So I - there were - there was whole summers when I was growing up that I could never go in the water. And it - the ear hearing - I could have easily lost my hearing in my right ear. All of those things were very present for me as a child - feeling ashamed, not being able to go in the pool with the other kids, all those types of things. So there was very - something I could really relate to.
Also, tinnitus - even though I don't have tinnitus, I certainly know what the ringing sounds like 'cause when you have an ear infection, it's that - very similar. It can be that similar tone. So I felt like, oh, here's something I could really not act but just completely dwell in.
And it came out of me spending time with various musicians. And I believe it was - I think I was up in Seattle with Eddie Vedder. And I was telling him, I want to find something physical for this character that you can - that the audience can understand the toll that it's taking on his body. And I believe - I think it was Eddie who said, you know, hearing loss could be something you could deal with.
GROSS: Yeah. I mean, from those loud monitors, so many musicians have that.
COOPER: Oh, yeah. Oh, oh, yeah. Oh, yeah. It's - I mean, I even feel - mixing a movie is very deafening. I mean, when you...
GROSS: While you're listening really loud?
COOPER: Oh, yeah. Yeah, that's the only way you can mix the movie 'cause you're in a mixing stage. And you have to hear it at volume. And it wasn't till about four months in that I realized all the guys at the board have - wear something in their ears (laughter).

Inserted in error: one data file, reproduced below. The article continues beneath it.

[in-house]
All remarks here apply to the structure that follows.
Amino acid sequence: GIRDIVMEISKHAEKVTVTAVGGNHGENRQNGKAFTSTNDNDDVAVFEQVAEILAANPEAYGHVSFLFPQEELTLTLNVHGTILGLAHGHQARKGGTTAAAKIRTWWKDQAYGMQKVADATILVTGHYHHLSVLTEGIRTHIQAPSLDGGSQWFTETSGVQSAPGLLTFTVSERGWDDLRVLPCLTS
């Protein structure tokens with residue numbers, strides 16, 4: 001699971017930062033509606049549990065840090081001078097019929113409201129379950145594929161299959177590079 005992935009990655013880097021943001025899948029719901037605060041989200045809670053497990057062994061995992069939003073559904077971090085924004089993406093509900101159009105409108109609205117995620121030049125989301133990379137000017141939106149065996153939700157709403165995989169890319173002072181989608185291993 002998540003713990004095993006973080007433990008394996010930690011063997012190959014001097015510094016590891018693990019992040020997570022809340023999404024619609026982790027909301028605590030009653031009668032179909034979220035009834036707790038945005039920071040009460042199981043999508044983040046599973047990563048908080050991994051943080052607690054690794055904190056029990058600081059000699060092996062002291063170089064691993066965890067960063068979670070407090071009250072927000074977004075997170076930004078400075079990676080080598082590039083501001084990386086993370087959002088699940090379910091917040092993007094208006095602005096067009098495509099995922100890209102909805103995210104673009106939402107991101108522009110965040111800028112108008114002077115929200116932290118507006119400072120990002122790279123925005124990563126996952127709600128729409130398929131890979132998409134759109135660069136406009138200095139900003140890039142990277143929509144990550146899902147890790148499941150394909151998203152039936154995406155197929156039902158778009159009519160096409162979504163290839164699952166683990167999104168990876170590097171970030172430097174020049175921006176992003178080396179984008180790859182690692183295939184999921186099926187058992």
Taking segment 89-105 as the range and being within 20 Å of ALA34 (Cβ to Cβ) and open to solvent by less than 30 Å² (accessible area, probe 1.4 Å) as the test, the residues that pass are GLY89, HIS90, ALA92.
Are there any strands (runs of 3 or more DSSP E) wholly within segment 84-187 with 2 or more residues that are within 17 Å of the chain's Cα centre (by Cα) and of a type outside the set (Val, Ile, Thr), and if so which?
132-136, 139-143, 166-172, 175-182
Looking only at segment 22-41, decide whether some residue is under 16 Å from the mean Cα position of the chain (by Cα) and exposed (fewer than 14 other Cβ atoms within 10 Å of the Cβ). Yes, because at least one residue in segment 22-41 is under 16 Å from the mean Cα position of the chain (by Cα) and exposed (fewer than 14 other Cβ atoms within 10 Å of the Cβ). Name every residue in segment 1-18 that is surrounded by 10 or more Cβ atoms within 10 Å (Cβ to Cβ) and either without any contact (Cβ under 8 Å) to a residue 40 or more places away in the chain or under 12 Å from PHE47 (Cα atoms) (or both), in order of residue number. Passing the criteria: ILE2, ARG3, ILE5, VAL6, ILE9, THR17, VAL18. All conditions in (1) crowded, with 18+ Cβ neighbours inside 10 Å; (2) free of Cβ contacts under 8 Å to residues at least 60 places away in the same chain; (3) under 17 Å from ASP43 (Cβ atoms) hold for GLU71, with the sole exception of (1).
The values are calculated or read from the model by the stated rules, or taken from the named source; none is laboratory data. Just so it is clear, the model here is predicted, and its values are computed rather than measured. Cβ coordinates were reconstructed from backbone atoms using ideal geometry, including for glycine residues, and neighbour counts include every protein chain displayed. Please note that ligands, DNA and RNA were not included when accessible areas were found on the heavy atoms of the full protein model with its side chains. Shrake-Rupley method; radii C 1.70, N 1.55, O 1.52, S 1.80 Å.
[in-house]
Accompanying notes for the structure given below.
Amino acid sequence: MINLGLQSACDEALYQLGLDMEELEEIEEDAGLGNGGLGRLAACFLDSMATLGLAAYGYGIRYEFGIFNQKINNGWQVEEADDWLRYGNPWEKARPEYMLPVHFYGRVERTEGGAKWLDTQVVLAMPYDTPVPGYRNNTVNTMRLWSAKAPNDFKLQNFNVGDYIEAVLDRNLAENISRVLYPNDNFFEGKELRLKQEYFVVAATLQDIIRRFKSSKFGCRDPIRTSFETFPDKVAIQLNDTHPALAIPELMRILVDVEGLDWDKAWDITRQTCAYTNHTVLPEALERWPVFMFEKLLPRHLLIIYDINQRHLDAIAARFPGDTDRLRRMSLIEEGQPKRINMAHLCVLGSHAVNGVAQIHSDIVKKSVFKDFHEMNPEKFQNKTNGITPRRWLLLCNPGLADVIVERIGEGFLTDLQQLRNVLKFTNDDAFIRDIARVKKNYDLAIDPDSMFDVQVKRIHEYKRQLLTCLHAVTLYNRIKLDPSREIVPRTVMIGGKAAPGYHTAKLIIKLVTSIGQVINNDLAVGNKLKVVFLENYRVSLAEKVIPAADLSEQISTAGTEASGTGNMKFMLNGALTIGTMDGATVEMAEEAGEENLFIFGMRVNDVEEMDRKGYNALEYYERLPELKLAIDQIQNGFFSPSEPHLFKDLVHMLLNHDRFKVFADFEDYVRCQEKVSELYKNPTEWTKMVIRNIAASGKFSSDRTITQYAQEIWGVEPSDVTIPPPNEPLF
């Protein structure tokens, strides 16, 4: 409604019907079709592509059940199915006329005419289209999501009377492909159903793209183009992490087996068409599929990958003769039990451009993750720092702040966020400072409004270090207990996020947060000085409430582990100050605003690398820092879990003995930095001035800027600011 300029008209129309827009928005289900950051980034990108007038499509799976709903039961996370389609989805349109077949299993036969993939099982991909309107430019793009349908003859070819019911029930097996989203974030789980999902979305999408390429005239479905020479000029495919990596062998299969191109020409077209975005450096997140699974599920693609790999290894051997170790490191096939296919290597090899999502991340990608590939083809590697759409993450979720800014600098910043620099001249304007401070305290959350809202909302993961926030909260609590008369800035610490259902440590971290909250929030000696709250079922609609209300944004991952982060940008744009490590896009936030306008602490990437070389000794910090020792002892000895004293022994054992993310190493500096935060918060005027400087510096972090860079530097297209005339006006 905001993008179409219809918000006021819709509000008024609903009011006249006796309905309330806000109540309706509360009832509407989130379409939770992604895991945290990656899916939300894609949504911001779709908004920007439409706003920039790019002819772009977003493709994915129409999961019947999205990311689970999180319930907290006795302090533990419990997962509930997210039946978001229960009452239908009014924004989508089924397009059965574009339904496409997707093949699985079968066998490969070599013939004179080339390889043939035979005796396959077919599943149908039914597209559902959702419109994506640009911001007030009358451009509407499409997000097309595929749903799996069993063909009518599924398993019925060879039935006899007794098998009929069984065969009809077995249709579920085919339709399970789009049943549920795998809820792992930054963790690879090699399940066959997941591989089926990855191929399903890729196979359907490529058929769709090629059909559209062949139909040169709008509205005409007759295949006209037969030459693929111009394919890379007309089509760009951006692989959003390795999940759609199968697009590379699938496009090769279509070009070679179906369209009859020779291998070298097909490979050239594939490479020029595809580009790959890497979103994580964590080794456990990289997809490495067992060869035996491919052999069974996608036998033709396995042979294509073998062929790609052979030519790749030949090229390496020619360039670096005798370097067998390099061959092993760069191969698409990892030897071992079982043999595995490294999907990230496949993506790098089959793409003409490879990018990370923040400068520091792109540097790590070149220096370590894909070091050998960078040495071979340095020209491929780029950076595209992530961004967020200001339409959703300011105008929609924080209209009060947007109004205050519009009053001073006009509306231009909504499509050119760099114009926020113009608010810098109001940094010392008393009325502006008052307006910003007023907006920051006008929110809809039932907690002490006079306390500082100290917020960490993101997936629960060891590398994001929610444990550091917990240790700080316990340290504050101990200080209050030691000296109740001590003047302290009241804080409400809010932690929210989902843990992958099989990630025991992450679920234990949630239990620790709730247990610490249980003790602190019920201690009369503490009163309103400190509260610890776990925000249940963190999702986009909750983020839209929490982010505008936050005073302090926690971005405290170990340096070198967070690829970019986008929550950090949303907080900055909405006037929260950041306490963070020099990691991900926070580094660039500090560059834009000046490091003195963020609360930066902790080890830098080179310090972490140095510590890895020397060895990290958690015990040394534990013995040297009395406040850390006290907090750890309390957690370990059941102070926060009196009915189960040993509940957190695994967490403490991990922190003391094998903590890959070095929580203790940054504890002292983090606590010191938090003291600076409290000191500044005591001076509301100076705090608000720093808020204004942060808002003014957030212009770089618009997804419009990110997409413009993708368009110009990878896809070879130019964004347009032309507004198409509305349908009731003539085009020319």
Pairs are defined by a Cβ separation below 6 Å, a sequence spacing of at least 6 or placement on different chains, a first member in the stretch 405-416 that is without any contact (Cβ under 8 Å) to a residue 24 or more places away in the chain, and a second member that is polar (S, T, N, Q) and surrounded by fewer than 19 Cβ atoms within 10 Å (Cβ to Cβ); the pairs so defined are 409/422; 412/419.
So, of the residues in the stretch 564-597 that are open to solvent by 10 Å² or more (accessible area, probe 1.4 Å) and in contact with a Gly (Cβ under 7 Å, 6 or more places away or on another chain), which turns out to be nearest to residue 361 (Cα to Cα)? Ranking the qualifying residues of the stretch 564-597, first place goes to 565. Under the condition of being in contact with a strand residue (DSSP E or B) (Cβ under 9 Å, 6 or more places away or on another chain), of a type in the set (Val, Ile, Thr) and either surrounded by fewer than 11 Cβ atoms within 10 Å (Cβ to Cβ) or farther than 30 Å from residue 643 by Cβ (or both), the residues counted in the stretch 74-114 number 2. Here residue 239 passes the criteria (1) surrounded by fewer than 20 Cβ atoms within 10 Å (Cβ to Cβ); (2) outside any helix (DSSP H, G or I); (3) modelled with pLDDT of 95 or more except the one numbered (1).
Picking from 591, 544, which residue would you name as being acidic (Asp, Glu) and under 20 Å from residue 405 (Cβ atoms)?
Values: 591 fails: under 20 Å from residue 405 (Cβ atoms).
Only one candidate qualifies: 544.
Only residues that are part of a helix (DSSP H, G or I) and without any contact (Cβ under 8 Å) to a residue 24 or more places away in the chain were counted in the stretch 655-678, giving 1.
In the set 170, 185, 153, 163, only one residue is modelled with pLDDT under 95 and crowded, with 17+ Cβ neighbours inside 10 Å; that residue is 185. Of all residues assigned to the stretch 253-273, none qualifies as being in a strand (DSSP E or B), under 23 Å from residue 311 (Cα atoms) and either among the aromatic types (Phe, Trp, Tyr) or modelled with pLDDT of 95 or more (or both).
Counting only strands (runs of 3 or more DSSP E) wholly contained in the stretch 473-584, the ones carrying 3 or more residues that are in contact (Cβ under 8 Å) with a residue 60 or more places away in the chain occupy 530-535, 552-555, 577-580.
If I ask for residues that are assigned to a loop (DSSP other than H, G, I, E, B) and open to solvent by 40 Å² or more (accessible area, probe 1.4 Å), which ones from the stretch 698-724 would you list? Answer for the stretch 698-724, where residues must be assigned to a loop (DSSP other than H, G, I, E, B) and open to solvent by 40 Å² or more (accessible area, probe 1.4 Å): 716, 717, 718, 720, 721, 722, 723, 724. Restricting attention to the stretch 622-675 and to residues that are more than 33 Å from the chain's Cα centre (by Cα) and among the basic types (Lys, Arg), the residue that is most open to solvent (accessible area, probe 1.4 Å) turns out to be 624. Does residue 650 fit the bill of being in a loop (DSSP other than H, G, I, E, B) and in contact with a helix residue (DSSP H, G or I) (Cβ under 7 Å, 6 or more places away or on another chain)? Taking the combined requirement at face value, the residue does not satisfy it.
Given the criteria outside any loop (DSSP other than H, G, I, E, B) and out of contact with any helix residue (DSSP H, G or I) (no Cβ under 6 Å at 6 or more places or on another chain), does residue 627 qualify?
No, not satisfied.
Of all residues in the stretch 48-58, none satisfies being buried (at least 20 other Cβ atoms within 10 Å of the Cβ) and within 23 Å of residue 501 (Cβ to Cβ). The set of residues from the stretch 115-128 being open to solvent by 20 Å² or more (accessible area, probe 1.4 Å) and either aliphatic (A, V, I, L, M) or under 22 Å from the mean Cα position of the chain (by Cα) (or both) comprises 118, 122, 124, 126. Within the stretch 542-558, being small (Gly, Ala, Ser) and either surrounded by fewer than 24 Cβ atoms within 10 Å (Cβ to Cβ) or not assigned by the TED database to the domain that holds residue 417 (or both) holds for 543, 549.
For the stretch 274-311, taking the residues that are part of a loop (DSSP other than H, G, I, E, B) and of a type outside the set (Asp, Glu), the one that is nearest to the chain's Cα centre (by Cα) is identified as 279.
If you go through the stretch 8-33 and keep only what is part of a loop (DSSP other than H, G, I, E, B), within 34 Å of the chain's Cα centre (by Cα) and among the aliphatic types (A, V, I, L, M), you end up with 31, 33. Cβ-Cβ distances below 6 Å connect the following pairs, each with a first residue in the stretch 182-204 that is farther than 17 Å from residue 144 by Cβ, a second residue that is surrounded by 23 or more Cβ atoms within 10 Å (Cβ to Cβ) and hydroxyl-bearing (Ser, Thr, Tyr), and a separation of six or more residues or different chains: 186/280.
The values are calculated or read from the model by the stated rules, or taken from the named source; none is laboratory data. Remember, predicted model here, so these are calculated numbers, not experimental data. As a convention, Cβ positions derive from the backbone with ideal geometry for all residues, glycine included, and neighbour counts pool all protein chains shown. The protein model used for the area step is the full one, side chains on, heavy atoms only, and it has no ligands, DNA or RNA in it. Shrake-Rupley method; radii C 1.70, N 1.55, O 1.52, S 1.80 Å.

COOPER: Yeah, or a couple of the guys did. Yeah.
GROSS: So you're mixing on a mixing stage as opposed to in a studio?
COOPER: Mixing the movie.
GROSS: That's what I mean. Yeah.
COOPER: Yeah, when you mix a movie - yeah, you're in a huge mixing stage. And there's a whole - there's the - you know, there's the special effects. There's the - all the vocal mixers. There's the - there's a whole team, and you spend months and months and months mixing every single sound in the film.
GROSS: Oh, wow. I didn't have that image in my mind.
COOPER: Yeah. Then you color a film, too. Then you go into another, you know, space, and then you color the whole movie. Yeah, so it has all these wonderful components that are very exciting to do as a filmmaker.
GROSS: So getting back to the fact that you had to have several surgeries when you were very young - like, how young? How old were you?
COOPER: I think the first one I was about 5, and then, like, 15. And then the last one I had, I was 18, I think, or 17. And then after that, they said, you know, you're just going to have to wear an earplug the rest of your life when you go in the water, but we can't - there's nothing to cover up; there's too much scar tissue; nothing will grow there.
GROSS: But can you hear in that ear?
COOPER: I have no problem hearing, thank - which is kind of miraculous. But I wear earplugs every time I go in the water.
GROSS: Right, right. So did all of that make you feel, like, vulnerable when you were growing up or that...
COOPER: Oh, completely.
GROSS: ...You had to be very self-protective?
COOPER: Oh, completely. Oh, yeah. Well, it's - well, less than, I'd say, that something's wrong with me. I can not like other people. But more than - and the other thing is just what - I know what it feels like to feel like you have a nail being drilled into the middle of your head, which is what those ear infections felt like.
GROSS: So, you know, you said that the ear problems made you feel a little, like, vulnerable and self-protective. When we spoke after "American Sniper," you talked about how you'd wanted to be a soldier. You were obsessed with Vietnam and with movies like "Platoon" and "The Deer Hunter." You'd wanted to go to Valley Forge Military Academy...
GROSS: ...Which is near Philadelphia.